Window-Eyes 6.1 and Windows Vista, Part II

Blog Date: 
Wednesday, September 25, 2013

In the previous NFB Tech Tip we discussed the Windows Vista Start Menu and some of the new features that offers.  In this article we are going to continue with some other, new Windows Vista features and describe how Window-Eyes provides the screen access you need.

You may remember that pressing the Windows Key plus the letter E opens the Windows Explorer program.  In Windows XP, Windows Explorer would give you a way to manage files on your computer.  At that point you could press either the F6 key or the TAB key to navigate from group to group.  In Windows Vista you can still do that same thing but in a more full featured way.  For example, there is a new address area.  The address area in Windows Explorer is similar to the breadcrumb feature found on some web pages: it contains items that show you how to get back to where you started. For example, opening up the Window-Eyes program folder causes the command bar to display "Program Files -> GW Micro -> Window-Eyes," with each of the options linked to their respective folders. Once you select one of the items in the command bar, you can either press ENTER to open that selected folder, or press the DOWN ARROW to open a list of folders contained in the selected folder.

There is also a new search feature.  Much like the search feature of the start menu, each Windows Explorer window also contains a search edit box.  As soon as you begin entering information into the search box, the search begins taking place.  This can save a lot of time.

You can TAB to the navigation pane where you might see the words, Documents, Pictures, Music, etc.  This  provides links to common folders, as well as a tree view containing all of the drives, folders, and files on your computer.   As an example, this is a very quick way to move to a specific drive.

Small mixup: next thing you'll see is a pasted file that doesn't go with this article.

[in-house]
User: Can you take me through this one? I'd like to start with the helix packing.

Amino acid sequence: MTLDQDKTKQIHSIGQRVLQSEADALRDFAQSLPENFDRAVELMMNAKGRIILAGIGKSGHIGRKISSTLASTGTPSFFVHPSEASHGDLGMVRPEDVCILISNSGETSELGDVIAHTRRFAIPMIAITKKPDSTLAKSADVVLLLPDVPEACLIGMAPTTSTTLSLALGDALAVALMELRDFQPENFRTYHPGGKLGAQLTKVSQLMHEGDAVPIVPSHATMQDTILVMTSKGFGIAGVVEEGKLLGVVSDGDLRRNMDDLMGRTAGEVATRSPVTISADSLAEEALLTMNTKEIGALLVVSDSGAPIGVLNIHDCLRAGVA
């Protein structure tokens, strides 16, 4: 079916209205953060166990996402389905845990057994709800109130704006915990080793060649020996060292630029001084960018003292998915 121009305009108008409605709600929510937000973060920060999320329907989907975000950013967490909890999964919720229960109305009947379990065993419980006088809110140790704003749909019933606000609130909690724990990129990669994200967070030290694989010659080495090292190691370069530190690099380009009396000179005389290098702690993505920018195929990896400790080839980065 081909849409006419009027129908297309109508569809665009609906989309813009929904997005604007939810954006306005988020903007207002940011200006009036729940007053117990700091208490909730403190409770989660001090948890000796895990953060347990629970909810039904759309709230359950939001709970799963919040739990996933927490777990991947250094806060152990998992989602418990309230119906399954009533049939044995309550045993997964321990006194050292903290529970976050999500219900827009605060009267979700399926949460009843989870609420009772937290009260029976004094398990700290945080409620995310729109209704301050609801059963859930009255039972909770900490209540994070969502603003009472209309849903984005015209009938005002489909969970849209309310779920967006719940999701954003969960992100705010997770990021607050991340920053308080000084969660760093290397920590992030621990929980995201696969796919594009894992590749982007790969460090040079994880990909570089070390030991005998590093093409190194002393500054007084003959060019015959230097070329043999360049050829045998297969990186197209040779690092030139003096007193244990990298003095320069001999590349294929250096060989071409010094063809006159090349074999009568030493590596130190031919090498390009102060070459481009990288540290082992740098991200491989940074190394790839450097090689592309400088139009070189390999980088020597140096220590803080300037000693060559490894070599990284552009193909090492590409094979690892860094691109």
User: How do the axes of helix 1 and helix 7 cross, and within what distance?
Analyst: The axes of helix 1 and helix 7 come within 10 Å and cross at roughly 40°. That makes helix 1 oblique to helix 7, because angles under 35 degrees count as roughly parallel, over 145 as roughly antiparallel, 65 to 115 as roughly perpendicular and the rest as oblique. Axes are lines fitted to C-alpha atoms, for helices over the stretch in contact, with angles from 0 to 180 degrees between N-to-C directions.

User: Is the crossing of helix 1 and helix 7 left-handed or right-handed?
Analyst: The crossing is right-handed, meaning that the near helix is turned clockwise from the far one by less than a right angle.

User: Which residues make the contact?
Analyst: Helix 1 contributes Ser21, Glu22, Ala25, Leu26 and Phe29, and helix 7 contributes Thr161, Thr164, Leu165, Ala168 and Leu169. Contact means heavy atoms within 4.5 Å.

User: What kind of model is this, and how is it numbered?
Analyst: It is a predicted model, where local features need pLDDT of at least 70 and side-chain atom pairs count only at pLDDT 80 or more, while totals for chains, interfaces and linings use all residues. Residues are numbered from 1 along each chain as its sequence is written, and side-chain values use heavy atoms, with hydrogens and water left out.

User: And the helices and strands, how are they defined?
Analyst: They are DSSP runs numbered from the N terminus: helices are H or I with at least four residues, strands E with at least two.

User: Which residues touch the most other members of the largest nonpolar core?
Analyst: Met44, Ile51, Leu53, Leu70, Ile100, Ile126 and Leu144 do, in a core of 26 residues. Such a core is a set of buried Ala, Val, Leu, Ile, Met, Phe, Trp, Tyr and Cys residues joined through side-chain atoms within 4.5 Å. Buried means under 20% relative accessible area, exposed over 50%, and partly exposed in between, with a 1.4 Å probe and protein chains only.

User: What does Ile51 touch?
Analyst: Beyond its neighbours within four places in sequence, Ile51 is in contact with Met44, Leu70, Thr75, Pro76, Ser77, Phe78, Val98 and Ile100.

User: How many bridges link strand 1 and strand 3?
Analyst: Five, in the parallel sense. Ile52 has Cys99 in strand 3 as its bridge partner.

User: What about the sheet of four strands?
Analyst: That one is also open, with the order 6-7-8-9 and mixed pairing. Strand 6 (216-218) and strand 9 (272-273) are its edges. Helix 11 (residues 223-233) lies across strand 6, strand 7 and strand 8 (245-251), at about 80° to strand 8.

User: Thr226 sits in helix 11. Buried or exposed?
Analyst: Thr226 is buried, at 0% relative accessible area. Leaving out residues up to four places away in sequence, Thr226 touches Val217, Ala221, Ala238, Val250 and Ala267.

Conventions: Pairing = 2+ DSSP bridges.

Moving to the command bar provides information that will change depending on the files that are listed.  You might have buttons named Organize, View, Play All, Burn, etc.   It displays tasks that are relevant to the files displayed in the Explorer window. For example, a folder containing music files will have command bar buttons that are relative to music tasks, such as a Burn command for burning music to a CD. A list of documents might bring up other command bar actions, such as e-mailing or sharing the selected file.

When you TAB to the list of files or folders, pressing TAB once more takes you to the current folder's list view headers. The list view headers provide an easy to way to choose how information is sorted.  List view headers function differently under Windows Vista than they do under XP. First, the headers are always present, regardless of which view your folder is in. Second, you can actually TAB to the headers, and arrow through them. Once you have selected a header, you can press the DOWN ARROW to open a menu containing various options for the selected header.

Finally, there are additional views-Windows Vista introduces new methods of sorting files in Windows Explorer, including Group by, and Stack By. For example, using Group By Name, Explorer will group folders and files into alphabetical groups A-H, I-P, Q-Z. Names like Internet Explorer would show up in the I-P group. Window-Eyes would show up in the Q-Z group. Groups can also be expanded (to display all contained files and folders) or collapsed (to hide all contained files and folders).

For further information on Window-Eyes, please visit the GW Micro site.